This switch allows users to enable and disable all of the HV channels on the crate. If the switch is in the middle position, all channels are disabled. If the switch is in the top position, all channels will be enabled. If the switch is in the bottom position, the crate will operate in “remote enable” mode. In this mode the channels will only be enabled if there is a true signal in the remote enable input. Remote enable features and output, meaning that the remote enables on many crates may be daisy chained together.

RS-232C PORT:
This port allows users to connect the CAEN crate to a computer using a male db-25 to female db-9 cable. The db-25 is the serial port on the crate, the db-9 is the serial port on the computer. Here is a diagram showing what each of the pins on the RS-232C port are:

In order to connect the crate to a computer, certain pins on the db-25 must connect to certain pins on the db-9. Here is a table showing what these connections must be.
db-25 db-9
7 5
6 6
3 2
2 3

Pin 7 on the db-25 must go to pin 5 on the db-9. Pin 6 on the db-25 must go to pin 6 on the db-9. Pin 3 on the db-25 must go to pin 2 on the db-9. Pin 2 on the db-25 must go to pin 3 on the db-9.

SECTION 2: MANUAL OPERATION
MAIN MENU:
After powering on the CAEN SY527, the CAEN logo will appear on the screen. Press any key to move on to the main menu. Here is what the main menu should look like:

There are four submenus that can been accessed from the main menu. “Display Channel”, “Modify Channel”, “Crate Map”, and “I/O Config”.

Display Channel:
This menu allows user to enter the address of a specific channel in order to look at the properties of that channel.

In this picture, the user entered in the channel address 1.05 into the prompt, instructing the crate to display the properties of that channel. The address of a channel is determined which slot its card is plugged into and which spot the channel takes up on that card. So the address 1.05 means that the channel is on card 1 and takes up position 5 on that card. Once a channel has been selected, the user can look at other channels by pressing the “Next” and “Previous” buttons. If the user wants to make changes to the channel be displayed, they can press “Modify” which will take them to the “modify channel” menu. Hitting the “Return” button will take the user back to the main menu.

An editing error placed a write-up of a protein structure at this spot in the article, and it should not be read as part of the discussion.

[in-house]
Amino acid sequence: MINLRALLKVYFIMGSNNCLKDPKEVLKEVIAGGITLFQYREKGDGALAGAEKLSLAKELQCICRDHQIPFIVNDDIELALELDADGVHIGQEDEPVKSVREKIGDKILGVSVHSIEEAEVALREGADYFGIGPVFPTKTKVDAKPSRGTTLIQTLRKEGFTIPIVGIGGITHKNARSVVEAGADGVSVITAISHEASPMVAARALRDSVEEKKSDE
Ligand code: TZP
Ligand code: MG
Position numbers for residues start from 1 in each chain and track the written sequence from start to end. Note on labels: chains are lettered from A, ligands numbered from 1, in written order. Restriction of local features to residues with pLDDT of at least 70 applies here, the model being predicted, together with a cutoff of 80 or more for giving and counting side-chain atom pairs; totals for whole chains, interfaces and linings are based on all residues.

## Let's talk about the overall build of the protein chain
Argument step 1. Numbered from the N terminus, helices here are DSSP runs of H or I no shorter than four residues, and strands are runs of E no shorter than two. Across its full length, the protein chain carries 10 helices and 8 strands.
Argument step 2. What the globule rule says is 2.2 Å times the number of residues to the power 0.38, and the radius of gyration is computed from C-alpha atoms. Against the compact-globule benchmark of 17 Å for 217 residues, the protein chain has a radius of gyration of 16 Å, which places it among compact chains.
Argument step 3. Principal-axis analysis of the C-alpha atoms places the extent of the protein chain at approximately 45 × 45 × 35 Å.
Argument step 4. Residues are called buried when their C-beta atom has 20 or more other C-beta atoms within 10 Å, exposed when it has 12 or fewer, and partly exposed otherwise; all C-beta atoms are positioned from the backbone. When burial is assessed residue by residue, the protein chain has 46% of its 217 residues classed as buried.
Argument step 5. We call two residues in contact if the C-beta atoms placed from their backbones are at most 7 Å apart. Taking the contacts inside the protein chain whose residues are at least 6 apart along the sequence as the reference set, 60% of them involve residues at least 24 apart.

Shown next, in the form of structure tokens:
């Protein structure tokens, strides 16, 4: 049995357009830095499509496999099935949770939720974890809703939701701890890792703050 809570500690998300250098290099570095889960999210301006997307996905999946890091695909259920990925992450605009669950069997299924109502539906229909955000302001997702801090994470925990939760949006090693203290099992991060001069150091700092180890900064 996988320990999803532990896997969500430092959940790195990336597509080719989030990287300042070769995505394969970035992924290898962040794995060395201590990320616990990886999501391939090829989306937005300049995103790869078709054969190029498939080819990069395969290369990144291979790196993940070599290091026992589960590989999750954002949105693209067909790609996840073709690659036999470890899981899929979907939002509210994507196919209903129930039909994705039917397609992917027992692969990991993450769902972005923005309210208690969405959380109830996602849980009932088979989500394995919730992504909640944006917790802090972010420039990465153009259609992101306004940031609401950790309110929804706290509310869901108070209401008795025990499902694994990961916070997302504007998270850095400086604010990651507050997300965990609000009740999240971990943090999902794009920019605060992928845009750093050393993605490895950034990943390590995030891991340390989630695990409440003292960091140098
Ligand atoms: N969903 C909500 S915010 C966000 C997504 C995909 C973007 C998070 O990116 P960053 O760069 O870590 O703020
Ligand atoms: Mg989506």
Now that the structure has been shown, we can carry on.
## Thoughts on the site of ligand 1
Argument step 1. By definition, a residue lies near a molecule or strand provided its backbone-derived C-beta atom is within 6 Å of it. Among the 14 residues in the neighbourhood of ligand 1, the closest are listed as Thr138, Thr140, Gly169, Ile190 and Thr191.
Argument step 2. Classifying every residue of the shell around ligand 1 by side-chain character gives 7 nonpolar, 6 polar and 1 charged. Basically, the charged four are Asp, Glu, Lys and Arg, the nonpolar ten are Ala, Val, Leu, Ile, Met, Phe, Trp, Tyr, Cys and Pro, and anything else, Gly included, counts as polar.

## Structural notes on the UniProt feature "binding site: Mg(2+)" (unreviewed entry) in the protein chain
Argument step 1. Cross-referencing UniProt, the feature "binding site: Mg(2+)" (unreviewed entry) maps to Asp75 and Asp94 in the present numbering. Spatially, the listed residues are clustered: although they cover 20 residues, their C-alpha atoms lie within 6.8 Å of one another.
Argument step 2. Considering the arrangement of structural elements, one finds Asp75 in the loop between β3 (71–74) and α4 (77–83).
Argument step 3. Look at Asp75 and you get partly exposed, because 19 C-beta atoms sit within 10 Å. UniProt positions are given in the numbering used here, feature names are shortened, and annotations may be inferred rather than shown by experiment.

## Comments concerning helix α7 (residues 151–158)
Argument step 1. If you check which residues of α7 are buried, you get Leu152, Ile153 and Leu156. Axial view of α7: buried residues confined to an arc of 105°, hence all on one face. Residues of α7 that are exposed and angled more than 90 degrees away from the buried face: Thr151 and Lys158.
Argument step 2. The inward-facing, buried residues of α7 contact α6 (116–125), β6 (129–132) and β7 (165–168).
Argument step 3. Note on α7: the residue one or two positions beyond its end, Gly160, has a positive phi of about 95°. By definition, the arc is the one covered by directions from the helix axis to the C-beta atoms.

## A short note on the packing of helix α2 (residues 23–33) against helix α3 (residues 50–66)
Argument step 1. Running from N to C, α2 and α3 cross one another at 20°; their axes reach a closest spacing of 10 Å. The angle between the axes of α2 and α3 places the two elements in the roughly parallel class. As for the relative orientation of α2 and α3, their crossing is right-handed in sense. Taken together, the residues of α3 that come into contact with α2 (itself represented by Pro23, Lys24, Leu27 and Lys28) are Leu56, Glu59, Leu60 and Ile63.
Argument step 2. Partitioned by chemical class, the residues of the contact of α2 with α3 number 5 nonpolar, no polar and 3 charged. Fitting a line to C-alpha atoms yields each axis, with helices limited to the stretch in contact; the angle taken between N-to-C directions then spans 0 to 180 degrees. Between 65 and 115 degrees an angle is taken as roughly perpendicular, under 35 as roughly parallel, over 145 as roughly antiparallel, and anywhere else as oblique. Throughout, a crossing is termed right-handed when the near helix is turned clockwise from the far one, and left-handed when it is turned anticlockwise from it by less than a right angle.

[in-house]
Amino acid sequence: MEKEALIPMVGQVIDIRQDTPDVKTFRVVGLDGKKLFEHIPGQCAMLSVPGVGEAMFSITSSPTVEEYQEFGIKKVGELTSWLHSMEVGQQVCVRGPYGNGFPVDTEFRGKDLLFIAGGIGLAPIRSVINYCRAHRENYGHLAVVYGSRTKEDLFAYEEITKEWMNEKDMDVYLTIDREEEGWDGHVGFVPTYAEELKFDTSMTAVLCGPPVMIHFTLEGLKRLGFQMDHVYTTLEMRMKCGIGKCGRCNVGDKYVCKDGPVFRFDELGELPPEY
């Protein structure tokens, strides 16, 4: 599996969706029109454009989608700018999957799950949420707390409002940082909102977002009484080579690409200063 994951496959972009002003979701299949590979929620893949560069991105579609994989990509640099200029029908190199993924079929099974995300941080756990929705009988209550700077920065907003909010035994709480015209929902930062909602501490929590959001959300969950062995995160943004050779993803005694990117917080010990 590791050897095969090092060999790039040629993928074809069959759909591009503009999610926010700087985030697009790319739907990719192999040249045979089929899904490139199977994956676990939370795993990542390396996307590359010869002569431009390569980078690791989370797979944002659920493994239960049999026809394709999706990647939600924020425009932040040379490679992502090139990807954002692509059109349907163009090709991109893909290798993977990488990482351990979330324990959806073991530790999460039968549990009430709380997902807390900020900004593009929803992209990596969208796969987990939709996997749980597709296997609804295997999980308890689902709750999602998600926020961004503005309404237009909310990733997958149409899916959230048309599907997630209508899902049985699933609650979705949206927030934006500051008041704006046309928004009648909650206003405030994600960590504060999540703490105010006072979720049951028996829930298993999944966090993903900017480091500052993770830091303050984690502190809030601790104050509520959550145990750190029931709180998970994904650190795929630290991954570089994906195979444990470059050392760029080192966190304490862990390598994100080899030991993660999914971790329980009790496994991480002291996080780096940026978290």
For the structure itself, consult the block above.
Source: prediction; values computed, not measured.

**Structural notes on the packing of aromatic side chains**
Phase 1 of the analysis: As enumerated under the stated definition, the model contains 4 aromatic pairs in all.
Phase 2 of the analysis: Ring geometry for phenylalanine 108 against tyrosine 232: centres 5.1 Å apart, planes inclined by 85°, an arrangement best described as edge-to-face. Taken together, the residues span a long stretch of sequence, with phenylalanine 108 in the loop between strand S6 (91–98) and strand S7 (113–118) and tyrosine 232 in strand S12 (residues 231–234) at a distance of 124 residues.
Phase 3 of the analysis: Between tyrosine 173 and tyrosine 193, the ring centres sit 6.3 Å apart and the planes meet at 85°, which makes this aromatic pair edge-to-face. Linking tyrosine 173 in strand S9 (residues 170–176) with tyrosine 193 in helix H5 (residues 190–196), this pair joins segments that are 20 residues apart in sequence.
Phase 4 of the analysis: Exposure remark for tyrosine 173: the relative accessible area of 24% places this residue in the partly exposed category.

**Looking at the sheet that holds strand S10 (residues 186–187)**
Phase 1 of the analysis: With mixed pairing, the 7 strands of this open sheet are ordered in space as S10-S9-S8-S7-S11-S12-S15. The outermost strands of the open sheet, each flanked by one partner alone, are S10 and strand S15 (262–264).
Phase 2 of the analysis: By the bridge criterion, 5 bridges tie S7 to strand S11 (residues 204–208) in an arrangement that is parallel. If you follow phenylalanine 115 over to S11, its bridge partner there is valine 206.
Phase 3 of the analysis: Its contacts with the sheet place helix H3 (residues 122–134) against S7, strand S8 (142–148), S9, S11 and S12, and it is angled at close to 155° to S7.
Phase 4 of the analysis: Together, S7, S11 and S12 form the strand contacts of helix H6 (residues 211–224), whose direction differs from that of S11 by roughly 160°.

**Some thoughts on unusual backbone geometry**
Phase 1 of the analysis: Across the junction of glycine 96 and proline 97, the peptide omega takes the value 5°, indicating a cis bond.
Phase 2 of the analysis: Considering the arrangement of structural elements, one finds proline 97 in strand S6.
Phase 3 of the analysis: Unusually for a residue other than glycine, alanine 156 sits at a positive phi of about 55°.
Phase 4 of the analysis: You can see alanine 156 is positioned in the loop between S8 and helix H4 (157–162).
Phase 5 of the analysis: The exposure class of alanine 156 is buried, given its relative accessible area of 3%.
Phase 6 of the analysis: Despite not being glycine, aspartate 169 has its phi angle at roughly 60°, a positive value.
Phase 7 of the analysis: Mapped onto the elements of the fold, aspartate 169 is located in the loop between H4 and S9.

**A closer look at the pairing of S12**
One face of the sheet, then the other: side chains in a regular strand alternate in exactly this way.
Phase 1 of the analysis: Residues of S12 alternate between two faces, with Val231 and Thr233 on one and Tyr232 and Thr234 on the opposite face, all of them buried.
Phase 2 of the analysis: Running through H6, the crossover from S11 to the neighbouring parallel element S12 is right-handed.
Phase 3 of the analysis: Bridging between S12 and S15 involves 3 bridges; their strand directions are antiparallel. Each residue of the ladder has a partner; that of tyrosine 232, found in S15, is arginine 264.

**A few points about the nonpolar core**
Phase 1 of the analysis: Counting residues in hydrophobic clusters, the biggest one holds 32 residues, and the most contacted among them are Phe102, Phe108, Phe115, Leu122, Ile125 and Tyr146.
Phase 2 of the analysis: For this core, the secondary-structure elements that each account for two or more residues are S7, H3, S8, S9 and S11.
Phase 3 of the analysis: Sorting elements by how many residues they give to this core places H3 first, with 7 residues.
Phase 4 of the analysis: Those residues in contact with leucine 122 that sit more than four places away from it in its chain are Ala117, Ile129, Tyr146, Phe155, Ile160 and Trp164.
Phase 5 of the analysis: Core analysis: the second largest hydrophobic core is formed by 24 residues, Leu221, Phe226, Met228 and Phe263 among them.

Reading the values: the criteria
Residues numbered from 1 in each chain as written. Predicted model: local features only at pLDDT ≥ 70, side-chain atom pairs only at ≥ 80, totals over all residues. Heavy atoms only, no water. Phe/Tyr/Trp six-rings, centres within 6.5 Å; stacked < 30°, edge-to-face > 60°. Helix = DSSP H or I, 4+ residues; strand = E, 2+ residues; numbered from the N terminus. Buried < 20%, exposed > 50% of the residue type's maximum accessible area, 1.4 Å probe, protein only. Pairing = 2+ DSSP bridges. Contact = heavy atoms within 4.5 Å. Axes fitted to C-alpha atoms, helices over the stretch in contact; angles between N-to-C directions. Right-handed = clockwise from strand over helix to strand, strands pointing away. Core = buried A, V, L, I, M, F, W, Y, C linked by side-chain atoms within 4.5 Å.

Modify Channel:
This menu allows the user to change the properties of the HV channels on the crate. Upon entering the modify channel screen, the user will see a page like this:

This allows the user to set V0, I0, and switch the channel on and off. Simply highlight a value and then hit change to set a new value. Pushing the “display” button will bring the user to the display menu. Hitting the “More” button allows the user to switch to a different page of values.

The picture above is of the second page of the “modify channel” menu. This page will appear when the user pushes the “more” button. There are 4 “modify channel” pages.

This page allows users to select maximum voltages and the ramp up and ramp down rates. The ramp up rate is the rate at which voltage will increase when it is instructed to increase. The ramp up rate is measured in Volts/Second. The ramp down rate is the rate at which voltage will decrease when it is instructed to decrease. Once again the rate is measured in volts/seconds.

This page allows the user to select trip times as well as power on the channel and power off the channel. The trip time is the amount of time until the system shuts down when the system is overcurrent. Trip time is set by tenths of seconds. For example setting the trip time to 20 would cause the trip time to be 2 seconds. Setting the trip time to 1000 will cause the trip time to be infinite.

CRATE MAP:
Pushing the “crate map” button on the main menu will take the user to the crate map. The crate tells the user what kinds of cards are in each of the crates slots.

The crate map tells the user several properties of the cards plugged into the crate. It gives the card’s name, the number of channels on the card, the type of channel (positive, negative, or floating), the maximum output voltage, and the maximum output current, and the number of the slot in which the card is placed. If the slot is empty, the user will see “Not Present” on the left hand side. In the example pictured above, the crate map shows a card named “Mod. A516”. The card has 8 Channels which are floating. The card has a maximum output voltage of 12V, a maximum output current of 1.50A and is sitting in the 0 slot.